Judicial acceptance of the SCL Delay and Disruption Protocol 2nd Edition

4 min read

The recent Australian case of Santos Ltd v Fluor Australia Pty Ltd [2017] QSC 153 gives credence to the Society of Construction Law Delay & Disruption Protocol 2nd ed in determining the sufficiency of the plaintiff’s pleaded claim for delay and disruption.

The Society of Construction Law Delay & Disruption Protocol (the "SCL Protocol") was developed by the UK Society of Construction Law to provide guidance on the assessment of time extensions and the associated compensation due to construction delays and disruption. Although developed in the UK, the SCL Protocol has been used extensively throughout Asia, Europe and the Middle East by judges, arbitrators and adjudicators alike, to assist in determining party culpability for delays and disruption on construction projects.

The SCL Protocol 1st ed was published in 2002 and was updated in February 2017 by the SCL Protocol 2nd ed. While the SCL Protocol 1st ed has been referred to extensively by the Australian Courts, the Supreme Court of Queensland’s decision in Santos v Fluor is an early adopter of the SCL Protocol 2nd ed, and demonstrates how the Australian judiciary continue to give credence to the SCL Protocol when determining party culpability for delays and disruption on construction projects.


Key facts

The key facts of the case are as follows:

  • Fluor had been employed by Santos to engineer, procure and construct certain facilities required by Santos as part of the extraction of coal seam gas from coal seam fields in the Surat Basin in Queensland (GNLG Project).
  • Santos filed a statement of claim seeking the payment of AUD$1.4 billion due to Fluor's alleged breach of the engineering, procurement and construction contract (the "Contract") (Part D of the claim) and the subcontracts Fluor entered into for the purpose of undertaking work pursuant to the Contract (Part C of the claim). Santos alleged that the costs resulting from these breaches constituted "excluded costs"’ under the Contract, which were irrecoverable by Fluor under the Contract. Among other things, Santos alleged that Fluor's breaches of contract had caused culpable delay and disruption to the GLNG Project.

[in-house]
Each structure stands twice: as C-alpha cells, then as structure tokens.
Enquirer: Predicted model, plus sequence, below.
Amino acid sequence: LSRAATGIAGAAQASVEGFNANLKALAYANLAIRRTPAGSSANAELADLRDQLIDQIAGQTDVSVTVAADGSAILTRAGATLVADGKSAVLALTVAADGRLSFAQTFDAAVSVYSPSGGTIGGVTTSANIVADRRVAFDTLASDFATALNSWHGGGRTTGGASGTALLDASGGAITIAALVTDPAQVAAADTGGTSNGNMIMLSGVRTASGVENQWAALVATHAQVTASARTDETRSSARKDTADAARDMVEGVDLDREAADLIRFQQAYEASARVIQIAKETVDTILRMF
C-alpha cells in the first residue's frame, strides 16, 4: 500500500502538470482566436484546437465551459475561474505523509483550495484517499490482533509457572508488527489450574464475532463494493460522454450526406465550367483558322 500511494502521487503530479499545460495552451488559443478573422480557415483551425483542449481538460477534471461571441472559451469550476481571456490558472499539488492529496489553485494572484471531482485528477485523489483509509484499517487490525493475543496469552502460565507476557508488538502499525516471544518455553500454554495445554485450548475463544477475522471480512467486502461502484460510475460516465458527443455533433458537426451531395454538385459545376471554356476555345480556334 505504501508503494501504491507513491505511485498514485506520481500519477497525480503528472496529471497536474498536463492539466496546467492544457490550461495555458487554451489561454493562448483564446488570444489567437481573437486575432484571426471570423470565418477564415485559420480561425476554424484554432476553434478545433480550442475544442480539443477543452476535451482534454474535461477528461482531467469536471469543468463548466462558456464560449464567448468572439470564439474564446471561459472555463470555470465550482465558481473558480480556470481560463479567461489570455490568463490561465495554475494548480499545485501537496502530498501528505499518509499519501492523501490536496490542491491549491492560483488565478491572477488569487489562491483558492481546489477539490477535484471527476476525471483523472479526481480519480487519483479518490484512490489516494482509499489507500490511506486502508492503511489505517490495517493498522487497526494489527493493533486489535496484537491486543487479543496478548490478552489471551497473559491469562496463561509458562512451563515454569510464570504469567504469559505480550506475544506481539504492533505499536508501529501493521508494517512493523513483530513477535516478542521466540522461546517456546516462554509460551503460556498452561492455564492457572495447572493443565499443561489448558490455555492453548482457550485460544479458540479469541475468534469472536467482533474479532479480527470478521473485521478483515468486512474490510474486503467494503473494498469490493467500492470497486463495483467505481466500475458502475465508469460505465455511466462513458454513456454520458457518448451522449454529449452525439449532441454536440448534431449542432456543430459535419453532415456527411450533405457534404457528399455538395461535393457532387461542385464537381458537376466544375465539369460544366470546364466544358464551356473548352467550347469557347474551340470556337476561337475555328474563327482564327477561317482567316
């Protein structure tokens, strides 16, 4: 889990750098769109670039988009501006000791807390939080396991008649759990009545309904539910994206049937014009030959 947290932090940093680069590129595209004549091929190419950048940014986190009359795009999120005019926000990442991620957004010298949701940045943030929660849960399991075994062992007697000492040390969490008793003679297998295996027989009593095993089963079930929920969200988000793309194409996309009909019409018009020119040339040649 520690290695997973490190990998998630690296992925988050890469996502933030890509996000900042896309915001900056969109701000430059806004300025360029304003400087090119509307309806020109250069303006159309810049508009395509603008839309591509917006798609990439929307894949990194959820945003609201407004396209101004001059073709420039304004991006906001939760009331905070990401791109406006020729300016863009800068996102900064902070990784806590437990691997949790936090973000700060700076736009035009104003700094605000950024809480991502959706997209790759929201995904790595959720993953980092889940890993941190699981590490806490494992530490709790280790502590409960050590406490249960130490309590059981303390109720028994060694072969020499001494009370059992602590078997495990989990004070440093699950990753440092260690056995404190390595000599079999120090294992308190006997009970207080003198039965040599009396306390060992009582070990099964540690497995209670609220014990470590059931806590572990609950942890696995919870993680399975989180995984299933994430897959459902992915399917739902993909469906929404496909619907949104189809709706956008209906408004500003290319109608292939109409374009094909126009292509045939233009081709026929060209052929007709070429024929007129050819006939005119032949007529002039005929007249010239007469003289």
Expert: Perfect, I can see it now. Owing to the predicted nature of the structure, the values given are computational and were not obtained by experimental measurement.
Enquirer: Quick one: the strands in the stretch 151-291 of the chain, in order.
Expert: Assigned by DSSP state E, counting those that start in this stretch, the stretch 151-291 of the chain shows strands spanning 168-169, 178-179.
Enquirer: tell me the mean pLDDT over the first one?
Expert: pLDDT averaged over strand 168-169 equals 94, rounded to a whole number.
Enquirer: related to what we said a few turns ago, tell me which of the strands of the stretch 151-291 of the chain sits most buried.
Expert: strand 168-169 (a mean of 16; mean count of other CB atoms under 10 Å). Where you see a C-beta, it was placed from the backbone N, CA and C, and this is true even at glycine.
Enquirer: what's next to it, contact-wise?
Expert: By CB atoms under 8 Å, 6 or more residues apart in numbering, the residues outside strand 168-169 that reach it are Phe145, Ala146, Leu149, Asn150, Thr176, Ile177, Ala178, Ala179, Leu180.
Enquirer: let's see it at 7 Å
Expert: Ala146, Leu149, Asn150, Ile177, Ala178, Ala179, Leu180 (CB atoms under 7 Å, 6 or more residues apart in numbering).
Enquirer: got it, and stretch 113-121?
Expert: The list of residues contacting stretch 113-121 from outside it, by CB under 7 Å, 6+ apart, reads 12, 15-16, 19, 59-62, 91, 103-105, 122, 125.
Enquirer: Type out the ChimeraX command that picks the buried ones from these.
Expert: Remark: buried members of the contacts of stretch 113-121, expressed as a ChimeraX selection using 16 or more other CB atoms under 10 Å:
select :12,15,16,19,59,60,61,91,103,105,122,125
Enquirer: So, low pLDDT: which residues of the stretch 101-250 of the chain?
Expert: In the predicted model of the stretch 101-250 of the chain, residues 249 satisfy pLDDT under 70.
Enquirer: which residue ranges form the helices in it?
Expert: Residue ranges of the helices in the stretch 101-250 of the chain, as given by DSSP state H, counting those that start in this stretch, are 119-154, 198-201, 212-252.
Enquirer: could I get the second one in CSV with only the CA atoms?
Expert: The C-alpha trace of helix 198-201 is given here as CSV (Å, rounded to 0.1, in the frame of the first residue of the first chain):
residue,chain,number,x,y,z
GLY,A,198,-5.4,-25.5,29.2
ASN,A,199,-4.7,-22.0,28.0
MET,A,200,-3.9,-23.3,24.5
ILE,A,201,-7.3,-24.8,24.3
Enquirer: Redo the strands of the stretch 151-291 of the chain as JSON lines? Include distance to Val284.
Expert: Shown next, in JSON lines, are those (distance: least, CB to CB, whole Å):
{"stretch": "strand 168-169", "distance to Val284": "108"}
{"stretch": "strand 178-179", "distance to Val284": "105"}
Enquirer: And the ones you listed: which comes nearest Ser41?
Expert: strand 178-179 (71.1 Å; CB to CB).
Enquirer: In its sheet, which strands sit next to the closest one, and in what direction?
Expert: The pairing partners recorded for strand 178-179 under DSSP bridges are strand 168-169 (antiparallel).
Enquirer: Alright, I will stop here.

• Fluor brought an application to strike out Parts C and D of the statement of claim on the premise that Santos failed to establish a causative link between the multiple alleged breaches and the alleged delays, disruption and loss.


The Strike Out Application Failed

Santos pleaded a measured mile approach to assess the disruption caused by Fluor’s alleged failure to conduct inspections of the works in accordance with good industry practice. Fluor argued in reply that, pursuant to the SCL Protocol, a measured mile analysis proceeds upon the basis it is not possible to undertake a critical path analysis of delay or to analyse the cause and effects of the delay claimed. On this basis, Fluor submitted that Santos must plead that it is not possible to disentangle the causative contribution of individual breaches. Flanagan J was not swayed by Fluor’s argument.

Instead, Flanagan J concluded, by reference to the SCL Protocol 2nd ed, that the measured mile approach is an accepted method of calculating lost productivity, and recognised that the measured mile approach may be utilised to support a claim predicated (as here) on the existence of disruption, as opposed to critical delay. His Honour therefore held that:

“[t]here is… a sufficient pleading of material facts which is said to give rise to the causal connection between the breaches and the amount claimed for delay and disruption."

On this basis, Flanagan J dismissed Fluor’s application to strike out the sections of Santos’ statement of claim setting out its alleged entitlement for disruption costs based on the measured mile approach.



The SCL Protocol 1st ed has for many years provided guidance to courts, arbitrators and adjudicators in determining parties' claims for delays and disruption on construction projects. It comes as no surprise the SCL Protocol 2nd ed has continued to provide such guidance in Australian cases, and we expect judges, arbitrators and adjudicators in other jurisdictions to continue to have regard to the SCL Protocol 2nd ed. The SCL Protocol, however, represents guidance only, and is not binding on contracting parties or any court or tribunal unless the parties expressly agree to this being the case.


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